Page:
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In Gulf disaster, slick washing on shore threatens wildlife, BP’s image

May 28, 2010

For over a month now, oil has been streaming out of BP’s destroyed well in the Gulf of Mexico. The company’s efforts to stop the leak or plug the well have been unsuccessful, and while its executives have to face grumpy congressmen, the oil is starting to wash on shore. Consider this the start of an envrionmental catastrophe.

Associated Press photographer Gerald Herbert has been there from the start. In the video below, he talks about some of his shocking images to PBS News Hour.

(More from PBS’s coverage here.)

President Barack Obama held a news conference exclusively to express his anger at BP while the head of the government agency overseeing overshore drilling has just quit her job (or been made to quit). Still, Obama said he’s confident in BP’s efforts to stop the oil leak, which I can only hope means the administration is lighting a fire under BP’s ass to plug its well.

Considering the company is about the kill an unkown number of maritime life in the gulf and on shore and is widely perceived as having no clue of how to do stop this disaster, the only job worse than a BP engineer’s these days must be that of a BP public relations manager.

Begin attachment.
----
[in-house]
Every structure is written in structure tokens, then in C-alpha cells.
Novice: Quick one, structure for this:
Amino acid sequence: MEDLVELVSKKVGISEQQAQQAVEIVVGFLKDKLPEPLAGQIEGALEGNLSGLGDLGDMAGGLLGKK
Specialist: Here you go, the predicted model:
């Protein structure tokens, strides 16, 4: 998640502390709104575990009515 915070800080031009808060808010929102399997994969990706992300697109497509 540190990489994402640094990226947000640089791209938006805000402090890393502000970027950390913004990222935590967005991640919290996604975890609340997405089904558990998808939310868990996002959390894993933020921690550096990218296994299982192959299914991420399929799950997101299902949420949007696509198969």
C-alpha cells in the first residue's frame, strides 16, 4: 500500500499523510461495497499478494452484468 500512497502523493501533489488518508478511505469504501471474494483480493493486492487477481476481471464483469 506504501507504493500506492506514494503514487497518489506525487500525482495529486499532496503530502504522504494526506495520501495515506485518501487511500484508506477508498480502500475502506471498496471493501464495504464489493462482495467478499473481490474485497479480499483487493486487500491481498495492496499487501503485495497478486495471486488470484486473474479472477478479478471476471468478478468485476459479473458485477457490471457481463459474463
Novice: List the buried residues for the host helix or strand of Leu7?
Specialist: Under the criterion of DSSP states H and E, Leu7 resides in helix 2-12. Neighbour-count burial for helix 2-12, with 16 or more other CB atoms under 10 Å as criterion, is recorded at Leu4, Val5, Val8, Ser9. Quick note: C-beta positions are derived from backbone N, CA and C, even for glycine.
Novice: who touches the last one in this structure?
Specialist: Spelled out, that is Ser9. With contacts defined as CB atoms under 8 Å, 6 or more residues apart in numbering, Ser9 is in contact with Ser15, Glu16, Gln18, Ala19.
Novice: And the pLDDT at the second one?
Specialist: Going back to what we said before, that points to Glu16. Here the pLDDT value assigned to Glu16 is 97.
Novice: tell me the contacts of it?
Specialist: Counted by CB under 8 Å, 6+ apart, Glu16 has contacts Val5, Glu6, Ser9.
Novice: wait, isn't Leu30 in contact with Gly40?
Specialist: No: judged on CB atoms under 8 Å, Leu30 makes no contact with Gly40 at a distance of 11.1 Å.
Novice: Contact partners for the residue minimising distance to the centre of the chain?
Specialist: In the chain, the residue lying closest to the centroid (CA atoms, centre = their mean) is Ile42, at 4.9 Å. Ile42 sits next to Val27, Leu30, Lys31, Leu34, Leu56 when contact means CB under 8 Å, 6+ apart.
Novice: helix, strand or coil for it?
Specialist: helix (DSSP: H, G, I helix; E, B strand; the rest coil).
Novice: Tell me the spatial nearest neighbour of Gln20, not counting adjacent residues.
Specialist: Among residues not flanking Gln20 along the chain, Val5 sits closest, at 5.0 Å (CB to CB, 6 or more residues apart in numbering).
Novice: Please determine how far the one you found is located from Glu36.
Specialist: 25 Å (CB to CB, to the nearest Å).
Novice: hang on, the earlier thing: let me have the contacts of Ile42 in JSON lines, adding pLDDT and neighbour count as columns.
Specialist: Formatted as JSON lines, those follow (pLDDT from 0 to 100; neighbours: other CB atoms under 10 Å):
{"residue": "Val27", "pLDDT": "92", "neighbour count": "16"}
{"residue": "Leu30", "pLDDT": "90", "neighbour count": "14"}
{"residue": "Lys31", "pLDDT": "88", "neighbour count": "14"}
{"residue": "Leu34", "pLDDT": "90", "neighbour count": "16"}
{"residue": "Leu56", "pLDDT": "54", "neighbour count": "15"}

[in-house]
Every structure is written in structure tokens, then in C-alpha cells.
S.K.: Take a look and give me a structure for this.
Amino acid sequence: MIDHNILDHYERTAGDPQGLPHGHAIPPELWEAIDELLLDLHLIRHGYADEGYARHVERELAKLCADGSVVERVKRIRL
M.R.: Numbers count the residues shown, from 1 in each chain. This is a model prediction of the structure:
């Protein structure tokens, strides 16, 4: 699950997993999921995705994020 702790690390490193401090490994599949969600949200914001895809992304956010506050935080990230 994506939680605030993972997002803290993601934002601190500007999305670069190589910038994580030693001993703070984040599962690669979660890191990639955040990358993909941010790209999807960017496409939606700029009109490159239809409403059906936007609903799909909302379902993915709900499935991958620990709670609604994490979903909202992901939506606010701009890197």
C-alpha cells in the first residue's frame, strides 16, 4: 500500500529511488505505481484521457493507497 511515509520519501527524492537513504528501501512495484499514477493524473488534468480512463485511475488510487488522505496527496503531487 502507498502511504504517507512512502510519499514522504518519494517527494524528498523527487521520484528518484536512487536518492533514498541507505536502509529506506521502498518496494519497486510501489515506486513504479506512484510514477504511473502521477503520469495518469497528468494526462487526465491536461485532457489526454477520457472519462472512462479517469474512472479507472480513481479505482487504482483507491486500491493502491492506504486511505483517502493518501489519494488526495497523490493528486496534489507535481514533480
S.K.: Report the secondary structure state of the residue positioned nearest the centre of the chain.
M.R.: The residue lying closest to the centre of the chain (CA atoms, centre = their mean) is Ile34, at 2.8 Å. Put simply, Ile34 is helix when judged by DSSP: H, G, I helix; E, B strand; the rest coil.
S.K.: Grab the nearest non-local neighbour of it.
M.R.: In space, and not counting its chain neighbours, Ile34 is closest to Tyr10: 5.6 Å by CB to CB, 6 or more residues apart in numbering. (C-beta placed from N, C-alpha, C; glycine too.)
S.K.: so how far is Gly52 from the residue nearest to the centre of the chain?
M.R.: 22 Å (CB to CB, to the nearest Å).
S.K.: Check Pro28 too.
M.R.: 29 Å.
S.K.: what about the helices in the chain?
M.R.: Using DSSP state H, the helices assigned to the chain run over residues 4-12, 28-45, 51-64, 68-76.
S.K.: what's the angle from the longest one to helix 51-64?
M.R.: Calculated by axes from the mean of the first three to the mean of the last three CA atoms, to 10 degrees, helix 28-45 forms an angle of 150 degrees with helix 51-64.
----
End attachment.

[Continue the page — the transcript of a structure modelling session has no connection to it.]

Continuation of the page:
Screenshot of one of the BP logo redesigns offered in Greenpeace's competition.

Greenpeace has been running a redesign competition for BP’s logo. My favorites so far are the image on the right and this one (on Greenpeace’s flickr account).

On Twitter, @BPGlobalPR offers a comic take on the giant company’s PR strategy (example: “If Top Kill doesn’t work, we’re just gonna toss a giant “Get Well Soon” card into the gulf and hope for the best.”). They explain their tactics in this piece for The Guardian, which offers more sarcastic gems. If you wanna join the cynics while donating to rescue efforts, you can buy one of their “BP cares” shirts.

CNN has a number of groups who need volunteers, and the News and World Report collected 10 ways to help, including donations to various organizations working to rescue and protect wildlife (note that one of the ways described, using hair to soak up the oil, has since been reported as ineffective, so don’t cut off your locks just yet.)

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